Email Overload: The Dangers of CC and Reply All

An empty shelf.  A partially-filled desk drawer.  These are things that businesspeople are drawn, sometimes compelled, to fill with stuff.  For some workers, empty is uncomfortable and they will put items in a vacant space just because it’s there.


In the world of email, the CC (Carbon Copy) field is an empty space that email senders often fill unnecessarily with names, particularly those of their leaders.


There are also some psychological underpinnings to our email management behaviors.


Copying others on an email is not always the wrong choice, but it should not be the default thing that you do.  Below are some CC alternatives that I think you’ll find will keep everyone in the loop in more meaningful ways.


Alternatives to CC:

  • Add the information to a list of items to discuss in your next meeting with a team member or manager
  • Consider a single daily or weekly status email to your manager that you save in your Outlook drafts and add to over time. In this way, one email can replace dozens.
  • Put the copied recipient in the To field, AND address them by name in the body of the email, specifying the actions they are to take and/or the questions you have for them. No questions for them?  Reconsider including them on the email.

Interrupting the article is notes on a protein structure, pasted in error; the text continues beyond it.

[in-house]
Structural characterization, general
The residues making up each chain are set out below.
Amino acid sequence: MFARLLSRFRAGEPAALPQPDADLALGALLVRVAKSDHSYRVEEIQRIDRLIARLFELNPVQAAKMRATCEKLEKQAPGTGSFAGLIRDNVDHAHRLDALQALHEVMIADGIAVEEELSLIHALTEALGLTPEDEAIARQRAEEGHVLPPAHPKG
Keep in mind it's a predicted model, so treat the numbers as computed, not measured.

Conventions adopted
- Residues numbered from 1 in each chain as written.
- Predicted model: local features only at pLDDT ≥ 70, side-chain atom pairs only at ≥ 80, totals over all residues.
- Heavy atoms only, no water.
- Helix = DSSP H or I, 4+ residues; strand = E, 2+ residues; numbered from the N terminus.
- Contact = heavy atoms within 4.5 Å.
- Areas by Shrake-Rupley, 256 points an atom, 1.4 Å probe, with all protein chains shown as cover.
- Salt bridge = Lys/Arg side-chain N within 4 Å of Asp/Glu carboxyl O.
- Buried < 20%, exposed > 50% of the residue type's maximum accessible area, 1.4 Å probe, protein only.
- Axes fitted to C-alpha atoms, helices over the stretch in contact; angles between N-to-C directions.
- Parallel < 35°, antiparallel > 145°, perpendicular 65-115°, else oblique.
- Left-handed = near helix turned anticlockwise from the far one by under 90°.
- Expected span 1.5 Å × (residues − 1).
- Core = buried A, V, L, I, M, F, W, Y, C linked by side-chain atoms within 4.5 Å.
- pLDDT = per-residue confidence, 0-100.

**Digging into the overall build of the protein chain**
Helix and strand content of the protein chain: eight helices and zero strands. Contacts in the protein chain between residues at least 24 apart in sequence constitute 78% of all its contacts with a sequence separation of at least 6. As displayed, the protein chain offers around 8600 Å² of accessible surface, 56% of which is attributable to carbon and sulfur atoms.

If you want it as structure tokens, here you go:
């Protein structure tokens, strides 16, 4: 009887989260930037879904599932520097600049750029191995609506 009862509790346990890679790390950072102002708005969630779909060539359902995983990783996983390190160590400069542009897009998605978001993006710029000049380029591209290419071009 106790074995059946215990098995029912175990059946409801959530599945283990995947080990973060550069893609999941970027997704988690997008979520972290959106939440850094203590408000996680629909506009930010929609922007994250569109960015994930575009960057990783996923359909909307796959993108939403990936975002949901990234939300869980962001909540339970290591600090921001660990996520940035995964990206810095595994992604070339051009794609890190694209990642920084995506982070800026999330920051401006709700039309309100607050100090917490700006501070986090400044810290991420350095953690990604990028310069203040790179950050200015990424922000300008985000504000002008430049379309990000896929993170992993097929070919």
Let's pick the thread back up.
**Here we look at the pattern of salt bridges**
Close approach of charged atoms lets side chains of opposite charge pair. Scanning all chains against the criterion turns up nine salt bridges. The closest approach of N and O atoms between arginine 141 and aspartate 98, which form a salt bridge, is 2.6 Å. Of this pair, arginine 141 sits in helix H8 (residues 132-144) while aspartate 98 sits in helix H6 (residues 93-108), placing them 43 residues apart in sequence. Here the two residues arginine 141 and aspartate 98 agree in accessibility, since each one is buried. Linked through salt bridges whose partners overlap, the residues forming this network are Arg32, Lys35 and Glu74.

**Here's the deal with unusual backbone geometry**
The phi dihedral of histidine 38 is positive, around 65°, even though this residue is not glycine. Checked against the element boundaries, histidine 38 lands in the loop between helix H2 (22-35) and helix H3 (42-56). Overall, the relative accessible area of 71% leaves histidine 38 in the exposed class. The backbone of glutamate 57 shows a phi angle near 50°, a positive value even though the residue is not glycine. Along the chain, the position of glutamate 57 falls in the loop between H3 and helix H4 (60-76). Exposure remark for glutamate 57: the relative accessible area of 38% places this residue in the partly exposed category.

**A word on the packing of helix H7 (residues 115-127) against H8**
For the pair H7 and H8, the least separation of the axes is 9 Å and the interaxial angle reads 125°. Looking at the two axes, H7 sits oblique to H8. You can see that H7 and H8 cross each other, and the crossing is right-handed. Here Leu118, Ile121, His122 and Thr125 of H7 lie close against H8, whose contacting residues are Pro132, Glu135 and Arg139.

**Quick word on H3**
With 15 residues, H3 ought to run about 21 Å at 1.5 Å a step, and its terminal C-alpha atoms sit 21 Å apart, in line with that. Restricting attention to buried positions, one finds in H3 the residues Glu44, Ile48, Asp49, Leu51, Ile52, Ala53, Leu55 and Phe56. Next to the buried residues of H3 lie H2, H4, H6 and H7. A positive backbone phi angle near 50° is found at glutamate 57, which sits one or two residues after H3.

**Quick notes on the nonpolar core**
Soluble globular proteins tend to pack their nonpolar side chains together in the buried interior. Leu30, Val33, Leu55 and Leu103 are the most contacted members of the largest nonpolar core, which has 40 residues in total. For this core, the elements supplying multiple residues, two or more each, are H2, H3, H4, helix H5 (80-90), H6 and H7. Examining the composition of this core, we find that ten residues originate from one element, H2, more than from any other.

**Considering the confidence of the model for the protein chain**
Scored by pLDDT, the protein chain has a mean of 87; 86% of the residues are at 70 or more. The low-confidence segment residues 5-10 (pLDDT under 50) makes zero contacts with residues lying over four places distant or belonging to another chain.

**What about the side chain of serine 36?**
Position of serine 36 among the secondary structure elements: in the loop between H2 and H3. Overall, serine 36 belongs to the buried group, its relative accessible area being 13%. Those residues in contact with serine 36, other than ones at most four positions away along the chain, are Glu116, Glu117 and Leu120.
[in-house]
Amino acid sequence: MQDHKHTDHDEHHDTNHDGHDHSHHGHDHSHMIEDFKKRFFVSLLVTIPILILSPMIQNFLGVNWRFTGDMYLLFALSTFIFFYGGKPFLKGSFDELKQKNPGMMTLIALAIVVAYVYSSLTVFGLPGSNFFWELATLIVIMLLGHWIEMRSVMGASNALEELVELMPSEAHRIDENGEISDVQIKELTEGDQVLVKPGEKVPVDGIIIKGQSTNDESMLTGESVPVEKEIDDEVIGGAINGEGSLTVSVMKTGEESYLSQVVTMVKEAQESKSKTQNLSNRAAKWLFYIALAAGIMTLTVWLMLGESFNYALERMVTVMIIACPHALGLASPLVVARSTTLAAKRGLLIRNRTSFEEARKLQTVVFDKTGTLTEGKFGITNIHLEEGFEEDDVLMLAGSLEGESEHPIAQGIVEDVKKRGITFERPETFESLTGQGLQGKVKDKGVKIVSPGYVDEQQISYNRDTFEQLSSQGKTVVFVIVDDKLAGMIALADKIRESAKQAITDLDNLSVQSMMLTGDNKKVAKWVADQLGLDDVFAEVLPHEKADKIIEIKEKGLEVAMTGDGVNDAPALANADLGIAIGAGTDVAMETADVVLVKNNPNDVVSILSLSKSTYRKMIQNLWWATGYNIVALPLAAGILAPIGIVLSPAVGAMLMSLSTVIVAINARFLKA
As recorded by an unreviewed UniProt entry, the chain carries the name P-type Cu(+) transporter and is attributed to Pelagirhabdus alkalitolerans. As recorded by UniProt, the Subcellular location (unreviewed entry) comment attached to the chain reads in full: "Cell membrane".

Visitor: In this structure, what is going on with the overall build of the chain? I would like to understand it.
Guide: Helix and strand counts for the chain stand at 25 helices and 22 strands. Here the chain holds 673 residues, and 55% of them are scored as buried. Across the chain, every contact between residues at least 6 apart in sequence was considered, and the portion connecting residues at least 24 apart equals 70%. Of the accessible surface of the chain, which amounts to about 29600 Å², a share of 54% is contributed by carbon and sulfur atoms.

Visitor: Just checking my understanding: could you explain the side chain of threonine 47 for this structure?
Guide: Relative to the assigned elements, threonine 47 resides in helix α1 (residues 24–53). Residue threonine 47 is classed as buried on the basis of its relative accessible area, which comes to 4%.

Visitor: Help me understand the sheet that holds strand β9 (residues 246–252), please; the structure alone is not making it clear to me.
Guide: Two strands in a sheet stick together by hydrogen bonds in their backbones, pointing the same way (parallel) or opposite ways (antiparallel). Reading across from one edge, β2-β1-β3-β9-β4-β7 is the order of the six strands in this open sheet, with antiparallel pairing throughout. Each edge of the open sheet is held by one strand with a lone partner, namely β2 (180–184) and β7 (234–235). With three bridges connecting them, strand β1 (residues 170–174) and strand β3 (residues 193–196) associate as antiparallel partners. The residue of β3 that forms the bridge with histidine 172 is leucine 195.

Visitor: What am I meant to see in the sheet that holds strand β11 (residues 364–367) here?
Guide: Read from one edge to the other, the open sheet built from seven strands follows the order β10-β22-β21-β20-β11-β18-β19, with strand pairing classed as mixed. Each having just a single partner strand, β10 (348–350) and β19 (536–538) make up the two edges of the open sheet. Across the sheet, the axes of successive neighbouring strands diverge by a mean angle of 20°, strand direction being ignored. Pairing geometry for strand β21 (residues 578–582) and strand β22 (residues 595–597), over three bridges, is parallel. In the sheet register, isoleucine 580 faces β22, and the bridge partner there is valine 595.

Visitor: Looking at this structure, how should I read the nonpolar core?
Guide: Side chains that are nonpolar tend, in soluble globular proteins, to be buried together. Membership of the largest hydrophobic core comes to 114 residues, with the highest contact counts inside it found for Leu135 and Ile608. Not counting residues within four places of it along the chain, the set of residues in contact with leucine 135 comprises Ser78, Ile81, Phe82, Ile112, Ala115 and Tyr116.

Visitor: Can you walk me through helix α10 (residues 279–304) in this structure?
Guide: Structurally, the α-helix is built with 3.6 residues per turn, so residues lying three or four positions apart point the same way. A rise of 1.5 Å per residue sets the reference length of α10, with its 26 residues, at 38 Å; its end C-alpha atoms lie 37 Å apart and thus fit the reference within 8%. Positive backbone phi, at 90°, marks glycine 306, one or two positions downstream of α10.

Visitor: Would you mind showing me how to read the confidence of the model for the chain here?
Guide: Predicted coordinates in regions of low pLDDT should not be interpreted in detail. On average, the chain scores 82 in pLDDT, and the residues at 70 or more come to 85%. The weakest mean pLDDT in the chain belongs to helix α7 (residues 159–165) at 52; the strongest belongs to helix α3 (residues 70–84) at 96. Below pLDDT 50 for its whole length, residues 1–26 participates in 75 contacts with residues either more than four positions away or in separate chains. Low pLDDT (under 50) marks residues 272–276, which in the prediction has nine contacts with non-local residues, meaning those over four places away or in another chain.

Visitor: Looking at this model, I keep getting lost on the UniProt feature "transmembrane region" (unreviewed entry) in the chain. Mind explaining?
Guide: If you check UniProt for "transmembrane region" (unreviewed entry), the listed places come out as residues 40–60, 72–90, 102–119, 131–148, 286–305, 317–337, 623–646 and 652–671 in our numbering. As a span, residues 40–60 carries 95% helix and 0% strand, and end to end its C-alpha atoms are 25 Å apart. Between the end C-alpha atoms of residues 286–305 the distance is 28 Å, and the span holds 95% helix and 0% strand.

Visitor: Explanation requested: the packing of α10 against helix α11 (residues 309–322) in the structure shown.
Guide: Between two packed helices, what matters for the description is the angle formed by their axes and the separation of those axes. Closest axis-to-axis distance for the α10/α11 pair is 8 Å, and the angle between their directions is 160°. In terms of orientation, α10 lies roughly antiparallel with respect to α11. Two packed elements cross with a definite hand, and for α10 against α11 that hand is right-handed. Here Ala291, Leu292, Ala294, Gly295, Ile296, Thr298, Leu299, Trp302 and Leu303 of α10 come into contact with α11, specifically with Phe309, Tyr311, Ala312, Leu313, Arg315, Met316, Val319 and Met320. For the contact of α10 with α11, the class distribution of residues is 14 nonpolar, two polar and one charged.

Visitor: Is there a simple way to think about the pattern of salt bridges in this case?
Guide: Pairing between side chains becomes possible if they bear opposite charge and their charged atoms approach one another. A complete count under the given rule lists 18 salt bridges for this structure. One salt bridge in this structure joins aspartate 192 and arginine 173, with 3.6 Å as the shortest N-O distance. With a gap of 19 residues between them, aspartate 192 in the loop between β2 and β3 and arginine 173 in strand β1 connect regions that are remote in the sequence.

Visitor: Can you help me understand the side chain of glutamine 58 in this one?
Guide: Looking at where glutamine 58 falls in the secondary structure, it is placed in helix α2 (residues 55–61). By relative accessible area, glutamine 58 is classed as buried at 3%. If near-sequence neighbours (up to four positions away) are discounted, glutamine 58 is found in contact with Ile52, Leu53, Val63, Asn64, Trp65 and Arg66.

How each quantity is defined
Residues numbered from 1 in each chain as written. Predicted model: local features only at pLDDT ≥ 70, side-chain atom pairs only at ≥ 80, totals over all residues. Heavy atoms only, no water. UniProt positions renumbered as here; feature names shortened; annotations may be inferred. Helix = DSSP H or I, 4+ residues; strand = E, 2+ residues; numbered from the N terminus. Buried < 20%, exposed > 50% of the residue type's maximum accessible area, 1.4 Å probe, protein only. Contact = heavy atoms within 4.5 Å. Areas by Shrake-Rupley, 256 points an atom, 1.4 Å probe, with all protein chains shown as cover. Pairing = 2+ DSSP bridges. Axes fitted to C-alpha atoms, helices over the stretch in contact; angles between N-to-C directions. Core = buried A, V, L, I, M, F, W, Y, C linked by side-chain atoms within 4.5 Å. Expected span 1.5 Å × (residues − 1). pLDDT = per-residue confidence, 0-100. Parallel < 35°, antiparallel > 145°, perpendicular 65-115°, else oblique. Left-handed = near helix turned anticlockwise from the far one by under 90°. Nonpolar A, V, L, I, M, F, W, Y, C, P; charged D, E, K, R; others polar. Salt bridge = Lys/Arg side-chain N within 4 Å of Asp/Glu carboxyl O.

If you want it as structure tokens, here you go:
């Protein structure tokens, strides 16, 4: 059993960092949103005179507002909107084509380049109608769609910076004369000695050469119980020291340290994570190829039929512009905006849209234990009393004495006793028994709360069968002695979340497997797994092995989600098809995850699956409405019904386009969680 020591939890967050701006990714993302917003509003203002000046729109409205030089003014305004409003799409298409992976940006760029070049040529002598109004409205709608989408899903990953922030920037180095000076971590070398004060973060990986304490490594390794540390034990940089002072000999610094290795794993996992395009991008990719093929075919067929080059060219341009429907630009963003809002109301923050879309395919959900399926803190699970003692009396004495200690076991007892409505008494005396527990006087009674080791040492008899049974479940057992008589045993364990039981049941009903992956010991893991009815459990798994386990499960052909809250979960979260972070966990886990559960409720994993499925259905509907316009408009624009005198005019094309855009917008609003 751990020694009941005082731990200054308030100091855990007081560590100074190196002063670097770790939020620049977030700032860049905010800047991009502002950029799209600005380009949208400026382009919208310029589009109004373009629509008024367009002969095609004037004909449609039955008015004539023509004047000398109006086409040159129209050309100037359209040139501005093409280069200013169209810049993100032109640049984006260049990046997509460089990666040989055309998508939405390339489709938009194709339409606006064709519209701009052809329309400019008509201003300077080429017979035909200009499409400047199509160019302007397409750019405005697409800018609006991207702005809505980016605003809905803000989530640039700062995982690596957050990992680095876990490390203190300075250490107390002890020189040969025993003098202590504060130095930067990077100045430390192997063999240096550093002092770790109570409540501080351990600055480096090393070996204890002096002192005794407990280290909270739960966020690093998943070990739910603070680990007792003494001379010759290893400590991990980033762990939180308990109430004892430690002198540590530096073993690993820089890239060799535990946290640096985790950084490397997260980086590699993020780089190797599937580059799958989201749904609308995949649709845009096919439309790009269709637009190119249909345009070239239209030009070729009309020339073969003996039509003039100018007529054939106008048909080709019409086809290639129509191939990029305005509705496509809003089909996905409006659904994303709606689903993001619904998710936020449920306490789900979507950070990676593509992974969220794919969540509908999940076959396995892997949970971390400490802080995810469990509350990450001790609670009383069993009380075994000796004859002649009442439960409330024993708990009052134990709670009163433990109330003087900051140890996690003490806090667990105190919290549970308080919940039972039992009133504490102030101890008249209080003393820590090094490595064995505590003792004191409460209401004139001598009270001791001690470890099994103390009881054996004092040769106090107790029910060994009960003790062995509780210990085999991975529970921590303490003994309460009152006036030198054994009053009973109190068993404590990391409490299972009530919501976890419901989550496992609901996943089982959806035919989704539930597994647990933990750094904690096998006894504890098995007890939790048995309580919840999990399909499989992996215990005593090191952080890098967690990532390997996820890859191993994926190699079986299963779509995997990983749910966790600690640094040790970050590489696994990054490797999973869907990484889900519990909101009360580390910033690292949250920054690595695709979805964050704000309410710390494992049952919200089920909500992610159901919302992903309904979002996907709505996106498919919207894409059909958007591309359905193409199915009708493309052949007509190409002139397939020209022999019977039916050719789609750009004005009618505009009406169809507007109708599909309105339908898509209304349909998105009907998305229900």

CC to the Max:  Reply All


Avoid the Reply All button as if clicking it would cause a zombie apocalypse.


Alternatives to Reply All:

  • Reply only to the sender – they started the message and are responsible for collating feedback and delivering it to the group
  • Reply only to the people directly impacted by your response. Delete names from the To: field as appropriate.
  • Never, never, never Reply All with a non-substantive message such as “Thanks.” You will have just annoyed a bunch of people.


Spam filters will not save you from colleagues who over-copy or are trigger happy with Reply All.  Follow the tips above, but make sure to have honest communications with each other about when to copy and when not to.  You’ll save yourself a lot of unwanted email.

This article originally appeared on workWELL, presented by Unum.

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Dr. Melissa GratiasMelissa Gratias (pronounced “Gracious”) used to think that productivity was a result of working long hours. And, she worked a lot of hours. Then, she learned that productivity is a skill set, not a personality trait. Now, Melissa is a productivity expert who coaches and trains other businesspeople to be more focused, balanced, and effective. She is a prolific writer and speaker who travels the world helping people change how they work and improve how they live. Contact her at or 912-417-2505. Sign up to receive her productivity tips via email.


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